This is not a party political matter. Tory commentators regularly go weak at the knees after witnessing the bravura solos performed by Mr Cook - the Daily Telegraph praises his "elegance and cruelty in debate" and even the Sun has found space to call him "the party's best brain". Without him, we are assured, parliamentary life would be less impressive and considerably less entertaining.
Some argue that Mr Cook's pixiesque features help him to win these plaudits, on the basis that a man with such a physiognomy (even he has remarked wryly on his lack of "classic good looks") needs all the help he can get. It is indeed notable how often his brainpower is remarked upon in the same breath as his looks: "Not a handsome man ... but of course quite the most brilliant of his generation." But this, surely, is a red herring. If Robin Cook were a dead ringer for Colin Firth's Mr Darcy, the oohs and aaahs of appreciation would scarcely be likely to diminish.
Why is it that Mr Cook gets such rave reviews to put up outside his political theatre? This remains a mystery. But the idea of performance seems to lie at the heart of it. Robin Cook goes into his Westminster dressing room to apply his political greasepaint, and then goes out to perform. Which is fair enough, as far as it goes, but it would be pleasant if one could feel that he actually cared about something, too. A political speech is not just supposed to be a tour-de-force by a latterday Laurence Olivier on the despatch-box stage. Dare one ask for - dread word - a touch of non-theatrical sincerity, too?
Robin Cook struts around like such a fine turkeycock that one cannot help noticing he is even more impressed by his own oratory than those around him. The 50-year-old Mr Cook behaves like a lawyer in an American courtroom drama: his apparent belief that the brief is everything, the reality of secondary importance, seems uppermost.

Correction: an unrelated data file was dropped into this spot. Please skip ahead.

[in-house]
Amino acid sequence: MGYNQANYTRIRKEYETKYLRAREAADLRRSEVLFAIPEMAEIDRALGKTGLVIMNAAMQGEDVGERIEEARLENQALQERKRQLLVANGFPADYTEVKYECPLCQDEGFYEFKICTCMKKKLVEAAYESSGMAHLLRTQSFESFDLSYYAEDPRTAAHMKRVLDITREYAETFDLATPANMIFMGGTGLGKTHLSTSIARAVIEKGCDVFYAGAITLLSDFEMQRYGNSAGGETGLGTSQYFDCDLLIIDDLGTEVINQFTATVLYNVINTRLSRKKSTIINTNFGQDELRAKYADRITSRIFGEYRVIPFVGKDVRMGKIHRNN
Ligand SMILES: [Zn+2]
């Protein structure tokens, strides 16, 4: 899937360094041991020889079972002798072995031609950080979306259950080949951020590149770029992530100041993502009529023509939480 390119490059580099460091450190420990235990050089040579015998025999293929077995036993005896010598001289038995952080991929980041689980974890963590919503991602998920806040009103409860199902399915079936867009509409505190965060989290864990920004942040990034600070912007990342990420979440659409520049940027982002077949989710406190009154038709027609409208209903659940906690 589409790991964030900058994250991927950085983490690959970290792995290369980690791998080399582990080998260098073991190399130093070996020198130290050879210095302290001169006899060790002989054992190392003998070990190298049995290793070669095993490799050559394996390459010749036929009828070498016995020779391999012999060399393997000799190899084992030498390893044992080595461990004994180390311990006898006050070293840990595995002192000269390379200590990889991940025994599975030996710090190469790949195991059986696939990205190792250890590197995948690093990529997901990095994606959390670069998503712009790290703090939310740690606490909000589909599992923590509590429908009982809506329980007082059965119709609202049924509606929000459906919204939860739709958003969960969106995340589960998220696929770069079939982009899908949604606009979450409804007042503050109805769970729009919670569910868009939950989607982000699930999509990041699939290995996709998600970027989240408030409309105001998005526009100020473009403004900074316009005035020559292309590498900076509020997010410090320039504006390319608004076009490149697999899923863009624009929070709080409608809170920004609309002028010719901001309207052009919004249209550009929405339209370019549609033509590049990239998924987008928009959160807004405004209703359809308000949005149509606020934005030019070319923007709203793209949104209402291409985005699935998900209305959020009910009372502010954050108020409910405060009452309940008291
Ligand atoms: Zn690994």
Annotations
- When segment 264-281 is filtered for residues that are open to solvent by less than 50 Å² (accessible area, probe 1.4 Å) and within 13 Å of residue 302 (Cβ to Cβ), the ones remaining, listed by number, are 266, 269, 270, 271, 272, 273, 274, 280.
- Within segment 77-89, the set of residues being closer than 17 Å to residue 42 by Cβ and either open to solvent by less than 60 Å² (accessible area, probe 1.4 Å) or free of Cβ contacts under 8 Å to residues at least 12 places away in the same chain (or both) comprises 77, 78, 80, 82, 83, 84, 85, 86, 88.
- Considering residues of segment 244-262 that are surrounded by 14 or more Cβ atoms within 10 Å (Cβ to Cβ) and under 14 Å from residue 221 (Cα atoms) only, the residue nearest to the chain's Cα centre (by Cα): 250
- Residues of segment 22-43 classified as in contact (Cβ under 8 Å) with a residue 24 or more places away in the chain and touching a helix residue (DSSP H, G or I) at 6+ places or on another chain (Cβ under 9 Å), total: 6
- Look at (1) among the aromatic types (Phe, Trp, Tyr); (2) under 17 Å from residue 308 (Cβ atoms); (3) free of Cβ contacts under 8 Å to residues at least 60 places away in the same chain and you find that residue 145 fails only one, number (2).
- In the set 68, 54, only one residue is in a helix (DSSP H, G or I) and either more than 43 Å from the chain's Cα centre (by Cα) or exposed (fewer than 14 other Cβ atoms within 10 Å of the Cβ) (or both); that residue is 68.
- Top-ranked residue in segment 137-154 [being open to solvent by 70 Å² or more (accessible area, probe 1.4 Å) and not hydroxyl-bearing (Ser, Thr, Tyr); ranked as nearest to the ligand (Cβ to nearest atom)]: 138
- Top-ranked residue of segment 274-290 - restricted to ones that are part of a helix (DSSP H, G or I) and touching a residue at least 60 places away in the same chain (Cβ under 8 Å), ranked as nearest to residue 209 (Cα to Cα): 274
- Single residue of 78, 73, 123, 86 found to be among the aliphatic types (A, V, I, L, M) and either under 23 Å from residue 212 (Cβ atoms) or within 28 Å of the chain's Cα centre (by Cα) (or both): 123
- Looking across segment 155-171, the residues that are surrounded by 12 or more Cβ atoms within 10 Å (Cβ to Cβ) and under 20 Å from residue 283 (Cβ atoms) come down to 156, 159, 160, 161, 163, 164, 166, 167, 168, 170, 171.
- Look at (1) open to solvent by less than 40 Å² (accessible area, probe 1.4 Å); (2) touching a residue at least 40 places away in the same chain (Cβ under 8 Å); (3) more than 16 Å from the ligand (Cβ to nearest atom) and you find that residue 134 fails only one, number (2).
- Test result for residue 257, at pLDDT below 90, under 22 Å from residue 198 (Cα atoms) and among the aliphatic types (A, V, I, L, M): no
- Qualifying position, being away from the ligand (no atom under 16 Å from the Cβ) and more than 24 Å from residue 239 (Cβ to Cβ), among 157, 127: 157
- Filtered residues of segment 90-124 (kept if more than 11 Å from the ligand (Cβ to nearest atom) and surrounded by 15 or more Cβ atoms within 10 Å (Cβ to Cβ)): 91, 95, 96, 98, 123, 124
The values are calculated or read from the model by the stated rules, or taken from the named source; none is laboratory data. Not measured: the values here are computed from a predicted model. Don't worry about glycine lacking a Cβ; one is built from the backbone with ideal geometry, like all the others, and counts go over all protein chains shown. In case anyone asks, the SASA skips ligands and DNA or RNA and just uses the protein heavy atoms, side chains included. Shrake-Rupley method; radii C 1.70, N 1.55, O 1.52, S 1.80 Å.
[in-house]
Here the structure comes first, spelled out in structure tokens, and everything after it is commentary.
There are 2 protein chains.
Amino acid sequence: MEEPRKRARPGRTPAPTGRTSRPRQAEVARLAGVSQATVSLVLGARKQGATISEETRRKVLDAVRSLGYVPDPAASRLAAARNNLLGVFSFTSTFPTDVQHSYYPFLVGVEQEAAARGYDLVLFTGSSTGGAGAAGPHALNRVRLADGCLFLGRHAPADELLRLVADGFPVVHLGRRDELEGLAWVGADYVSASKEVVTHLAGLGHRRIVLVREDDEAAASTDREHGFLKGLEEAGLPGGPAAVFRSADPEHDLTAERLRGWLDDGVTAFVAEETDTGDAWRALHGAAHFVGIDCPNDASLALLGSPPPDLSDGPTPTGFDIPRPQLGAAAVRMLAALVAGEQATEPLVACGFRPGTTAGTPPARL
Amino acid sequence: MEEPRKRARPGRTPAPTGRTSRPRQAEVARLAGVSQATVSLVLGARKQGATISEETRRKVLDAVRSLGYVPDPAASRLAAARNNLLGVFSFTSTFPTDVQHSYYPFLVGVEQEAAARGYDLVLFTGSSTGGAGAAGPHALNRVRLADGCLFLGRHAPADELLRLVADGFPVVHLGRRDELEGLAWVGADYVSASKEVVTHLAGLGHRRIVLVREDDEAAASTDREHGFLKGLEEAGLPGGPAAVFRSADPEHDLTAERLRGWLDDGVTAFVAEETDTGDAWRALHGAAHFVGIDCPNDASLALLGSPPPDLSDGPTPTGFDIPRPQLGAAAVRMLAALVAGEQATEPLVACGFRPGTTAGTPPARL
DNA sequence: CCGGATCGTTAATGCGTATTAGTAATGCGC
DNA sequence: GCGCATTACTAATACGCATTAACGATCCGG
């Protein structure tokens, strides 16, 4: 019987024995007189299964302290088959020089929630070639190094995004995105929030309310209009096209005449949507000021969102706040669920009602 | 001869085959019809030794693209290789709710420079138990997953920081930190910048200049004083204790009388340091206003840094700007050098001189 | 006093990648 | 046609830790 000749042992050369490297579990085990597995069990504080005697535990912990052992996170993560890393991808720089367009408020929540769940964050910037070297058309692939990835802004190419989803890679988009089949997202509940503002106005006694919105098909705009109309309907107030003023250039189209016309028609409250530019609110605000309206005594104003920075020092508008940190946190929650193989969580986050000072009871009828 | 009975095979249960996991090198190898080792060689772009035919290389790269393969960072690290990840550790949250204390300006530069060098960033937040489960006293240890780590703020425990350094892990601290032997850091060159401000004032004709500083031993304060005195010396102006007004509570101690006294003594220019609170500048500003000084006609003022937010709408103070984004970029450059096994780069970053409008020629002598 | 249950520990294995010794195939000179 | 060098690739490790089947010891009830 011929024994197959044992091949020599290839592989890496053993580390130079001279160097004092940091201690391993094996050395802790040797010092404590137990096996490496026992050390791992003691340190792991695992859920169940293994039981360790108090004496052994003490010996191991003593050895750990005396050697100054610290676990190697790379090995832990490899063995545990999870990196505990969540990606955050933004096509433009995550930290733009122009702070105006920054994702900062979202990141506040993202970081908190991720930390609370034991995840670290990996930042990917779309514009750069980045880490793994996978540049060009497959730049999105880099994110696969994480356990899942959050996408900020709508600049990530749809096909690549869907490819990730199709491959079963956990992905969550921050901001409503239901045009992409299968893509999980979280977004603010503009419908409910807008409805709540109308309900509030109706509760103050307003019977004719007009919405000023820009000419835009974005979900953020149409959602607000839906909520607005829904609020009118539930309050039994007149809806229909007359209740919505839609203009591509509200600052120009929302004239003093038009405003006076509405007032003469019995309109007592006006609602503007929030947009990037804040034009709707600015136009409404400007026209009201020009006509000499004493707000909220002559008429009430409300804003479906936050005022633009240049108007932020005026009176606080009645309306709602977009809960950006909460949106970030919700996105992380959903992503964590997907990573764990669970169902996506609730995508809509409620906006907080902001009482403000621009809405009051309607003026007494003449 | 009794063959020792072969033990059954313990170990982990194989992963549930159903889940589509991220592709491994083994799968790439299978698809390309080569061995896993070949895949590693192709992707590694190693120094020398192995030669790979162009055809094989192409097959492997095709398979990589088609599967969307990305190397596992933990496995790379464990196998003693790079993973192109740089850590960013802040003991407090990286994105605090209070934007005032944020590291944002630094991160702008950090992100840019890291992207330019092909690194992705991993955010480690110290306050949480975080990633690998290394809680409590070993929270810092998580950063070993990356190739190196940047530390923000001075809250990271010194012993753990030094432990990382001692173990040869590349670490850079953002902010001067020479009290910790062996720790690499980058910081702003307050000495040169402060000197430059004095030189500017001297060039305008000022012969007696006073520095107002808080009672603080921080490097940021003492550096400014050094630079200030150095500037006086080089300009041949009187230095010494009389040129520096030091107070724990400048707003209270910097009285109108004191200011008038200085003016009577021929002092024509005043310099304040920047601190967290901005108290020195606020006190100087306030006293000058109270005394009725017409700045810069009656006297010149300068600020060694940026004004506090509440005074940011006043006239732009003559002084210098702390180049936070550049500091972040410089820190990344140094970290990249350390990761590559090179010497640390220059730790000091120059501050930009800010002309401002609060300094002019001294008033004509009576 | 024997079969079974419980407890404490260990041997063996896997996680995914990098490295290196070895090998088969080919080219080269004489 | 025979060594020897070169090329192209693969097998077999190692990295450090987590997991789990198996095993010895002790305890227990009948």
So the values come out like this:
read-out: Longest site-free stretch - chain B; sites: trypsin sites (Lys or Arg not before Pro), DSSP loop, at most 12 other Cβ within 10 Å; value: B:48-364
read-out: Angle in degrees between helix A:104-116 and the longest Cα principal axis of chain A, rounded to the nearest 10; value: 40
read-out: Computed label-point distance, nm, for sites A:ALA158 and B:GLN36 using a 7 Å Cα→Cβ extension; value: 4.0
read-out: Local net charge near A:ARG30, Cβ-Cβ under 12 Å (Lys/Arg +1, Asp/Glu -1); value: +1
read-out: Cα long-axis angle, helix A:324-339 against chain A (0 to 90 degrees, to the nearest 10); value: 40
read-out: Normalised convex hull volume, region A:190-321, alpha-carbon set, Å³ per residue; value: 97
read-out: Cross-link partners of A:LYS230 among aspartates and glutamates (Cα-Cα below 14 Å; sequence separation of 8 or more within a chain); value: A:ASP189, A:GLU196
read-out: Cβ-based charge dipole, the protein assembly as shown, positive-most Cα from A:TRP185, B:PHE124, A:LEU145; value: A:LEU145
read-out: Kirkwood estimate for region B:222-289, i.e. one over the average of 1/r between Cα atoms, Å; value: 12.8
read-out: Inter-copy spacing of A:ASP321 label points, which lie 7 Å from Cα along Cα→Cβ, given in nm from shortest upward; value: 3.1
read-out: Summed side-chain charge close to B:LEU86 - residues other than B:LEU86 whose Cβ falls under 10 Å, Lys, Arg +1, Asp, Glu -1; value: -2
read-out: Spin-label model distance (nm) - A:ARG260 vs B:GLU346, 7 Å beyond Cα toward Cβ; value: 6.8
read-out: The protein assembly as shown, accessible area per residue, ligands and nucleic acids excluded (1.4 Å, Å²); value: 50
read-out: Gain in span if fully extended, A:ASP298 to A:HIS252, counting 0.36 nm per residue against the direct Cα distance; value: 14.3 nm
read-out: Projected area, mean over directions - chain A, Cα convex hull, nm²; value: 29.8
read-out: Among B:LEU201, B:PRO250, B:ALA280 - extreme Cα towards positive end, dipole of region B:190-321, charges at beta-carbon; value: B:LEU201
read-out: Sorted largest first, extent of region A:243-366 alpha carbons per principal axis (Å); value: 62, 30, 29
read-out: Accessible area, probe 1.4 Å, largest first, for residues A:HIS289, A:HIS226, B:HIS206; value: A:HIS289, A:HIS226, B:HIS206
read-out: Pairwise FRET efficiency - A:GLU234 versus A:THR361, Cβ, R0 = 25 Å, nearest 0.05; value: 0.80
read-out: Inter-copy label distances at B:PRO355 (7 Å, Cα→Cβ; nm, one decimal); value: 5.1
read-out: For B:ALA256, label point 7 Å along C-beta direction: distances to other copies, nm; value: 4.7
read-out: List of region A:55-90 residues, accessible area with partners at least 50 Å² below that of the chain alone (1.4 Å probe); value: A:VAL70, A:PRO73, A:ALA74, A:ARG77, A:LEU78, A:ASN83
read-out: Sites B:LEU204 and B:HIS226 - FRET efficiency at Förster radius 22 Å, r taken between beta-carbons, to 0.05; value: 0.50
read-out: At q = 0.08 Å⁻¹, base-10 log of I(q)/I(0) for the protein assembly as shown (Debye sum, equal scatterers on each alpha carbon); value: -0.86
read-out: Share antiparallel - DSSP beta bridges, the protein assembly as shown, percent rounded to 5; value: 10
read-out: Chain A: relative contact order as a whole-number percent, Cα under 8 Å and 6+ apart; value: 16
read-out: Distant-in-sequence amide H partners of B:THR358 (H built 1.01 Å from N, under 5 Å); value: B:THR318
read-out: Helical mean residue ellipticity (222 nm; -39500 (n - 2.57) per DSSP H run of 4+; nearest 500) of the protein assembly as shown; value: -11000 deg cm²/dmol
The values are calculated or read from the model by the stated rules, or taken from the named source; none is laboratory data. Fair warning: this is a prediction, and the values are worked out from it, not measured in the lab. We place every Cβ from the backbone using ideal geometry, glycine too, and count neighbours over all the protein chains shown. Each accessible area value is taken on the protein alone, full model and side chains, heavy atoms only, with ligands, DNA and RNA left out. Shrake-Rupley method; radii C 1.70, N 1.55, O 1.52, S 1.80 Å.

All of which would be less irritating if he showed any sign of understanding what he is talking about. In reality, however, he talks about foreign affairs with the pat confidence of somebody who has scanned through a few briefing papers, and quickly formed a view, not much caring whether it is right or wrong. An example: last month Mr Cook appeared on the Radio 4 Today programme protesting against the Foreign Secretary Malcolm Rifkind's plan to prevent the EU from renewing a suspension of aid to Nigeria. "Whatever we are doing in Europe, we shouldn't have the effect of helping those who have ruled Nigeria," he said indignantly. Which was all very well, except that the country in question was not Nigeria (capital: Abuja, pop: c90 million) but Niger (capital: Niamey; pop: 8 million).